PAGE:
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Court Remands Colorado Drilling Plan to BLM

In a decision in which both sides are claiming victories of sorts, a federal district judge in Denver on June 22 ordered the federal Bureau of Land Management (BLM) to review and revise its drilling plan for the Roan Plateau in western Colorado where one operator has plans to drill thousands of natural gas wells.

U.S. District Judge Marcia Krieger left intact the outstanding leases for operators in the Roan, even though the 10 environmental groups that filed the lawsuit four years ago (see NGI, July 21, 2008) sought to have the leases set aside. Judge Krieger indicated that the issue of the leases went beyond the scope of the case, which was centered on administrative procedures and BLM's alleged failure to follow proper processes in approving the Roan drilling plan.

BLM has the option of appealing the decision. A spokesperson for the BLM Denver office said officials were reviewing the court decision last Monday. It was unknown whether the agency eventually will appeal.

Denver-based Bill Barrett Corp. indicated it plans to move forward with its drilling plans once BLM revises the overall plans for the Roan. Barrett has publicly said it wants to drill up to 3,200 gas wells on its leases in the 55,000-acre plateau, which environmentalists have long guarded as a key wildlife, ecological and public landscape area. The fact that the judge left the leases intact was a key factor, a Barrett spokesperson said.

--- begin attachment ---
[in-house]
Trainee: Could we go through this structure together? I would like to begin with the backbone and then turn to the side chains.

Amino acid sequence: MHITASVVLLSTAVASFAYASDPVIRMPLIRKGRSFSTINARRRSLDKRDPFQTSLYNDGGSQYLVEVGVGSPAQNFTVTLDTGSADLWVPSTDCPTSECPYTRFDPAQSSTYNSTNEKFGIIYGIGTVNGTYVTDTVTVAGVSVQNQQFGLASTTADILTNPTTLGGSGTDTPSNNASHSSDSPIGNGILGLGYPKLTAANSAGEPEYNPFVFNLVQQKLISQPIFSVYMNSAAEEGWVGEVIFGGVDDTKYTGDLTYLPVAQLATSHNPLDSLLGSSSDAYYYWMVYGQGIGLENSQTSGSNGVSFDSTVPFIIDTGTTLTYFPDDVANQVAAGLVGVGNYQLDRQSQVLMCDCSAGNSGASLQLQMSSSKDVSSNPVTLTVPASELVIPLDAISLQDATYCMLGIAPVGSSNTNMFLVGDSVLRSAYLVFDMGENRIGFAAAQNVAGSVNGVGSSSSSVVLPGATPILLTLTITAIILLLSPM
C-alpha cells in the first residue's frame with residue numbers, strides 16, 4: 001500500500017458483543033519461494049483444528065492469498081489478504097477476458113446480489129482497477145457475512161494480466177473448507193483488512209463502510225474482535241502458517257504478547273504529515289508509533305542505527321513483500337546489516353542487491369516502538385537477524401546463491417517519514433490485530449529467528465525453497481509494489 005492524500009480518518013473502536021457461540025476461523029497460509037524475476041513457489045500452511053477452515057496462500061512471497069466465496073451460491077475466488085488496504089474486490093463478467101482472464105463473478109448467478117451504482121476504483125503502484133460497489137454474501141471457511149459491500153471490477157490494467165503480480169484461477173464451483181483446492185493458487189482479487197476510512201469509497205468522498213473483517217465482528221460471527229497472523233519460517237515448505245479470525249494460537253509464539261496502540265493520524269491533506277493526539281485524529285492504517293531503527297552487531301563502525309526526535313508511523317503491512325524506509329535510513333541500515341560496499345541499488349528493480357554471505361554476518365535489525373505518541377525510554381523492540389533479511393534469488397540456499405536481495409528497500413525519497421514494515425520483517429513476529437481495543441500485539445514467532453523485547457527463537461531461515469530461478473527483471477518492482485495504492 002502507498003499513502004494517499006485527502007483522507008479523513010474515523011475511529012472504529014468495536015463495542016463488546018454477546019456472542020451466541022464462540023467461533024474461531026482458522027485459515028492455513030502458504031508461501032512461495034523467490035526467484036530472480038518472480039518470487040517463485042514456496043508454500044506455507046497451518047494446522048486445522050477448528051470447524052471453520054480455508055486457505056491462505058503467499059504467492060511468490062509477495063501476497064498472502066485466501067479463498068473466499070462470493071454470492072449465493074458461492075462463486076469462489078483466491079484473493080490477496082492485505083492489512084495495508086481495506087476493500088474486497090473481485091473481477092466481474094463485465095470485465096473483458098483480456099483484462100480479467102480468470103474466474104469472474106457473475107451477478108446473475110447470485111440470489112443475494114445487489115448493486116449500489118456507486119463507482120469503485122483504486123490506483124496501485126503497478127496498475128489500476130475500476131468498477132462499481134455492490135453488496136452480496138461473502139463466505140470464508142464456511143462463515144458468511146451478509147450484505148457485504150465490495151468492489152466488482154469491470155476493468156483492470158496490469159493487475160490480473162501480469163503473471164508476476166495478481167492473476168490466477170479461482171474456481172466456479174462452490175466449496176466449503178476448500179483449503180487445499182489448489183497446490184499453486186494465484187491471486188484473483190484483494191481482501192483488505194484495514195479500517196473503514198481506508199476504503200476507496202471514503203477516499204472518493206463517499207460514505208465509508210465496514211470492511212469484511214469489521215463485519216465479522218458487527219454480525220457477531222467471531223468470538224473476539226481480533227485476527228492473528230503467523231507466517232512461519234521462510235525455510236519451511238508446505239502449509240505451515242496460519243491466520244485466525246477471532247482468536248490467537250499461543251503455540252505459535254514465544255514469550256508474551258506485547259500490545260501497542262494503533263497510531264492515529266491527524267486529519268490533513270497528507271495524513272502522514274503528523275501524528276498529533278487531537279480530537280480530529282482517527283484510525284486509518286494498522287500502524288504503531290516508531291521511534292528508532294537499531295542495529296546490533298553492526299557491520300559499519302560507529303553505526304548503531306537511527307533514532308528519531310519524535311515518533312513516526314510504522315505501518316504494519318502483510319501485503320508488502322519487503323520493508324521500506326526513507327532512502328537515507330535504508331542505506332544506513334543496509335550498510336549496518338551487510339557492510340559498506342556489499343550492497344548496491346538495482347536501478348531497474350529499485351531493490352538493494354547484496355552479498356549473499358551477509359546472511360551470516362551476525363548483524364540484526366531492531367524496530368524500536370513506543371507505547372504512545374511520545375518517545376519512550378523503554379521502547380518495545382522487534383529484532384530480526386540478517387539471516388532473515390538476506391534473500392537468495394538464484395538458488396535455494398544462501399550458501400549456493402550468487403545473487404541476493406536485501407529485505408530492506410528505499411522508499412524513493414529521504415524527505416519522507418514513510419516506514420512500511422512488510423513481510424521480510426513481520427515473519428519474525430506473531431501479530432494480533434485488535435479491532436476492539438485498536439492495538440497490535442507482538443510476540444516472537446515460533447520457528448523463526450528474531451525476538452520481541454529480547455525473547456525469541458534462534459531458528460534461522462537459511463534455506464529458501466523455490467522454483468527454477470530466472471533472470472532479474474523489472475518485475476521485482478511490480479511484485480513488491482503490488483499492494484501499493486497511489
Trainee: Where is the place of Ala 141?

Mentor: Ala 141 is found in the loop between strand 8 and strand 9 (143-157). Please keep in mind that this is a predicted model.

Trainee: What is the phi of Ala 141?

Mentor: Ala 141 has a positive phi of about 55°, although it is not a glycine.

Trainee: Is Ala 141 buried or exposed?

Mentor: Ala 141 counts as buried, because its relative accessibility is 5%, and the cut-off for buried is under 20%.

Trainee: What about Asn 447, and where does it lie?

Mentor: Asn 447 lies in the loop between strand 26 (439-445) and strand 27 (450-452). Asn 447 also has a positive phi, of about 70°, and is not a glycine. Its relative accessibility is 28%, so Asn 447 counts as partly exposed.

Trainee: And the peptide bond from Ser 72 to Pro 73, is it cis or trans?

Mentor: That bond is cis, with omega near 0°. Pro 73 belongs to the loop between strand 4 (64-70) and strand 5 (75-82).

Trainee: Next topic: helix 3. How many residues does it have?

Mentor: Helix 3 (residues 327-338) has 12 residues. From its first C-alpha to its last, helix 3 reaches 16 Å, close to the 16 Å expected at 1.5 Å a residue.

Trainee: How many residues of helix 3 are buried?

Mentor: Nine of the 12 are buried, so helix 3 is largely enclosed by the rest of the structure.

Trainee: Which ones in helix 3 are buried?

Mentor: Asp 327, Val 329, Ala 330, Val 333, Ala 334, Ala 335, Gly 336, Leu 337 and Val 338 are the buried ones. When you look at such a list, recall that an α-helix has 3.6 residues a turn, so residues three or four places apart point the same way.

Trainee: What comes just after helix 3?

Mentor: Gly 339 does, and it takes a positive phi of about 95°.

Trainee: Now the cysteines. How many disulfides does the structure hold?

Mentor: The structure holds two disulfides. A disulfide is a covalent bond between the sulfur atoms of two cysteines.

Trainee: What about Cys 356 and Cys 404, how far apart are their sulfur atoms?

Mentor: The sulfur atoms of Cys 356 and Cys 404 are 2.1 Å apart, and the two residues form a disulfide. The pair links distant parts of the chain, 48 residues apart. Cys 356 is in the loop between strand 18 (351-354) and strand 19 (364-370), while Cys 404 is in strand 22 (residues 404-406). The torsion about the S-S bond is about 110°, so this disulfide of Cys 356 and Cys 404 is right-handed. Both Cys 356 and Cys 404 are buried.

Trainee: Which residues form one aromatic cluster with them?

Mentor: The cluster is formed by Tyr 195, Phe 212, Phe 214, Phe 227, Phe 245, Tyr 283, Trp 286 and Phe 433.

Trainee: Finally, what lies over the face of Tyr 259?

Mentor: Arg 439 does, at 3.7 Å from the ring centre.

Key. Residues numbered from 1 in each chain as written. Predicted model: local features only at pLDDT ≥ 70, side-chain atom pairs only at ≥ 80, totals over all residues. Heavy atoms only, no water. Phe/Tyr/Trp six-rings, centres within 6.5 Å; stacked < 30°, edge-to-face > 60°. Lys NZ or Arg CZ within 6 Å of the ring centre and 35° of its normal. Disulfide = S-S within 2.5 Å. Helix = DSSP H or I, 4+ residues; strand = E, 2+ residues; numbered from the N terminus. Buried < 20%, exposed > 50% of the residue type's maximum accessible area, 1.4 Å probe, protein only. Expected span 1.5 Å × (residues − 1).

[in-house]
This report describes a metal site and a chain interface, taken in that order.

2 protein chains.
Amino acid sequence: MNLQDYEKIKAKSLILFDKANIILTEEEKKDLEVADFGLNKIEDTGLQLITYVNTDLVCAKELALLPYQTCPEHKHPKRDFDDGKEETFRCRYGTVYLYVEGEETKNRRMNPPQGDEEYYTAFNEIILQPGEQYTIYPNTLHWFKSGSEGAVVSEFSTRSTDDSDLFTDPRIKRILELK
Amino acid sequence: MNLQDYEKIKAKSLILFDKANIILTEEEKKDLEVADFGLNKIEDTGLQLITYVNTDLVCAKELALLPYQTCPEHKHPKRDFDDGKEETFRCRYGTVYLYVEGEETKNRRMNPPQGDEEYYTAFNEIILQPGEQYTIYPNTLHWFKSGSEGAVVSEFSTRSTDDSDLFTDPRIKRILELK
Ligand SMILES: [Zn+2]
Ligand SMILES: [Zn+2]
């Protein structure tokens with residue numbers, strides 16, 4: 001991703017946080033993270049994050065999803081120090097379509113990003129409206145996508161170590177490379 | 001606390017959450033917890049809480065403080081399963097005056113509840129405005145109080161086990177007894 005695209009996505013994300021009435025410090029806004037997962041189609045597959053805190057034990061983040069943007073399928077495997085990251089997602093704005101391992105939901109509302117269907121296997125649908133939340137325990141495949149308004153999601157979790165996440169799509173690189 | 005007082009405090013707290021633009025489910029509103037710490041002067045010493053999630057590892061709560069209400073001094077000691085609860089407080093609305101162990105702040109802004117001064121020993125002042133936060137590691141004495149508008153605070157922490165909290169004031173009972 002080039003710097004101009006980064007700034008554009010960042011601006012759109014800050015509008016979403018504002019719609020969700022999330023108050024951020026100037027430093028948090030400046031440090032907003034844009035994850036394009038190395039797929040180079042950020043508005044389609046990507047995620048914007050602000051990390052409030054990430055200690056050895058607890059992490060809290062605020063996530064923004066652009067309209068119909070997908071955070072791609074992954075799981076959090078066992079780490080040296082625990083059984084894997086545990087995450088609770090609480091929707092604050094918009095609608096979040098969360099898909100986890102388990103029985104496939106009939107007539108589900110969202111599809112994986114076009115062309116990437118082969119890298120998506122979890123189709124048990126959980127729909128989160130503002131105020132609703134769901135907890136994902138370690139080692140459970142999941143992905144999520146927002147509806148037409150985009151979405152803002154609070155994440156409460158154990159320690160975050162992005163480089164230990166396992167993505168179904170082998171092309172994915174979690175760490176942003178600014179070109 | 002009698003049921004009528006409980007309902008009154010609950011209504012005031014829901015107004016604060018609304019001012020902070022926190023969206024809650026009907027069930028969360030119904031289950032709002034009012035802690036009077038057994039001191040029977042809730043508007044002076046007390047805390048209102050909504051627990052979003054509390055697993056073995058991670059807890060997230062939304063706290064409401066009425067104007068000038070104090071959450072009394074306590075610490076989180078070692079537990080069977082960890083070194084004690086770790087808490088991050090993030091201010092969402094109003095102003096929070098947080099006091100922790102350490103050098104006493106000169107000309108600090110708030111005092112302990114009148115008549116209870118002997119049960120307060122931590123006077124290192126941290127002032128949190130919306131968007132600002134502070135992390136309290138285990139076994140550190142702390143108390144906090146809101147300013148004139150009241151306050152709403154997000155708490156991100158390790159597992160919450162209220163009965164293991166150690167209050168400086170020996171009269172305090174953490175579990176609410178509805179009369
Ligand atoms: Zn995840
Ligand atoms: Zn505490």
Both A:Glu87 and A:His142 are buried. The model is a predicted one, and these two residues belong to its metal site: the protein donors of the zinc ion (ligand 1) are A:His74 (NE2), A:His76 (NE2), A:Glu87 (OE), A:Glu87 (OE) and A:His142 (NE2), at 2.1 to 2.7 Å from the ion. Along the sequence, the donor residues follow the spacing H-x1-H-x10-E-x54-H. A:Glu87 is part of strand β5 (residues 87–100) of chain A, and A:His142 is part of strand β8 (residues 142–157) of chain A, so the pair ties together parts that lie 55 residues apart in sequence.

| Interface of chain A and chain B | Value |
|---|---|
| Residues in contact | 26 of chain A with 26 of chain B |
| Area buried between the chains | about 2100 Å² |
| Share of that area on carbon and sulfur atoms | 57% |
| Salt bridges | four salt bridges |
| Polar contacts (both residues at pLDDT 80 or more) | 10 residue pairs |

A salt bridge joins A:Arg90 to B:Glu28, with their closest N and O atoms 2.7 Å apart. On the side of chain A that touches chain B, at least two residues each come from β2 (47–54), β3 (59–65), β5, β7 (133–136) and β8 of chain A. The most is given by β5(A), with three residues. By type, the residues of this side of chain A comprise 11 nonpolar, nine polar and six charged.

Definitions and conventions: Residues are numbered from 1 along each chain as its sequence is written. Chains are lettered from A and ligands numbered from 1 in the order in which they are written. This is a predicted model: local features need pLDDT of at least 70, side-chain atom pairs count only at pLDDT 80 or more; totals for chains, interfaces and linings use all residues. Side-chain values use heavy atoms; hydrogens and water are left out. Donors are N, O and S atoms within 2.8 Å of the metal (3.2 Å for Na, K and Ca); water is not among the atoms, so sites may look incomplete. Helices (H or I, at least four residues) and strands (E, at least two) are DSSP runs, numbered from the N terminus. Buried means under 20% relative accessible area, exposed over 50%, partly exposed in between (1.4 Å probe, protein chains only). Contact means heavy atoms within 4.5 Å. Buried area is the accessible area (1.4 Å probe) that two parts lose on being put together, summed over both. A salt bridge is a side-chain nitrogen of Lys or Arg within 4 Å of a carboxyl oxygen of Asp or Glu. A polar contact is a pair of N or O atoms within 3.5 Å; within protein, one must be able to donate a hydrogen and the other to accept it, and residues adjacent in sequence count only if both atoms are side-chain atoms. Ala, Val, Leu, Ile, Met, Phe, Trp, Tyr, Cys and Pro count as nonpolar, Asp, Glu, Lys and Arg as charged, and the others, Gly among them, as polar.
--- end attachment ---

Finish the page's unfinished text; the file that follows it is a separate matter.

The original lawsuit named as defendants Dirk Kempthorne, who was U.S. Interior Secretary at the time, BLM and two regional BLM officials. The lawsuit sought to have BLM's resource management plan for the plateau set aside and BLM barred from leasing drilling sites on the plateau.

The area in dispute is located on Colorado's Western Slope between Grand Junction and Rifle. BLM in 2008 said 46 parcels -- about 73,552 acres of federally owned land in Garfield and Gunnison counties -- would be auctioned for oil and natural gas drilling. The auction would include 31 parcels, or 55,186 acres, on top of and around the Roan Plateau -- all the area in the federal Roan Plateau Planning Area that is not currently leased for oil and gas operations.

A staff attorney for one of the environmental groups said with Krieger's remand back to BLM, Roan will get a second look and hopefully be protected. He held out the prospect for working with BLM on developing what would be a "more balanced plan" giving Roan added protections.

BLM has contended that prohibiting leasing on top of the plateau and setting the area aside for conservation and recreation would violate the direction of Congress when in 1997 it transferred the Roan Plateau lands to the federal Interior Department for energy development leasing. Further, BLM also argued about the controlled level of development on the plateau, which would be limited to existing road corridors, limiting surface disturbance on the plateau to about 1% (350 acres) of the federal land located there.

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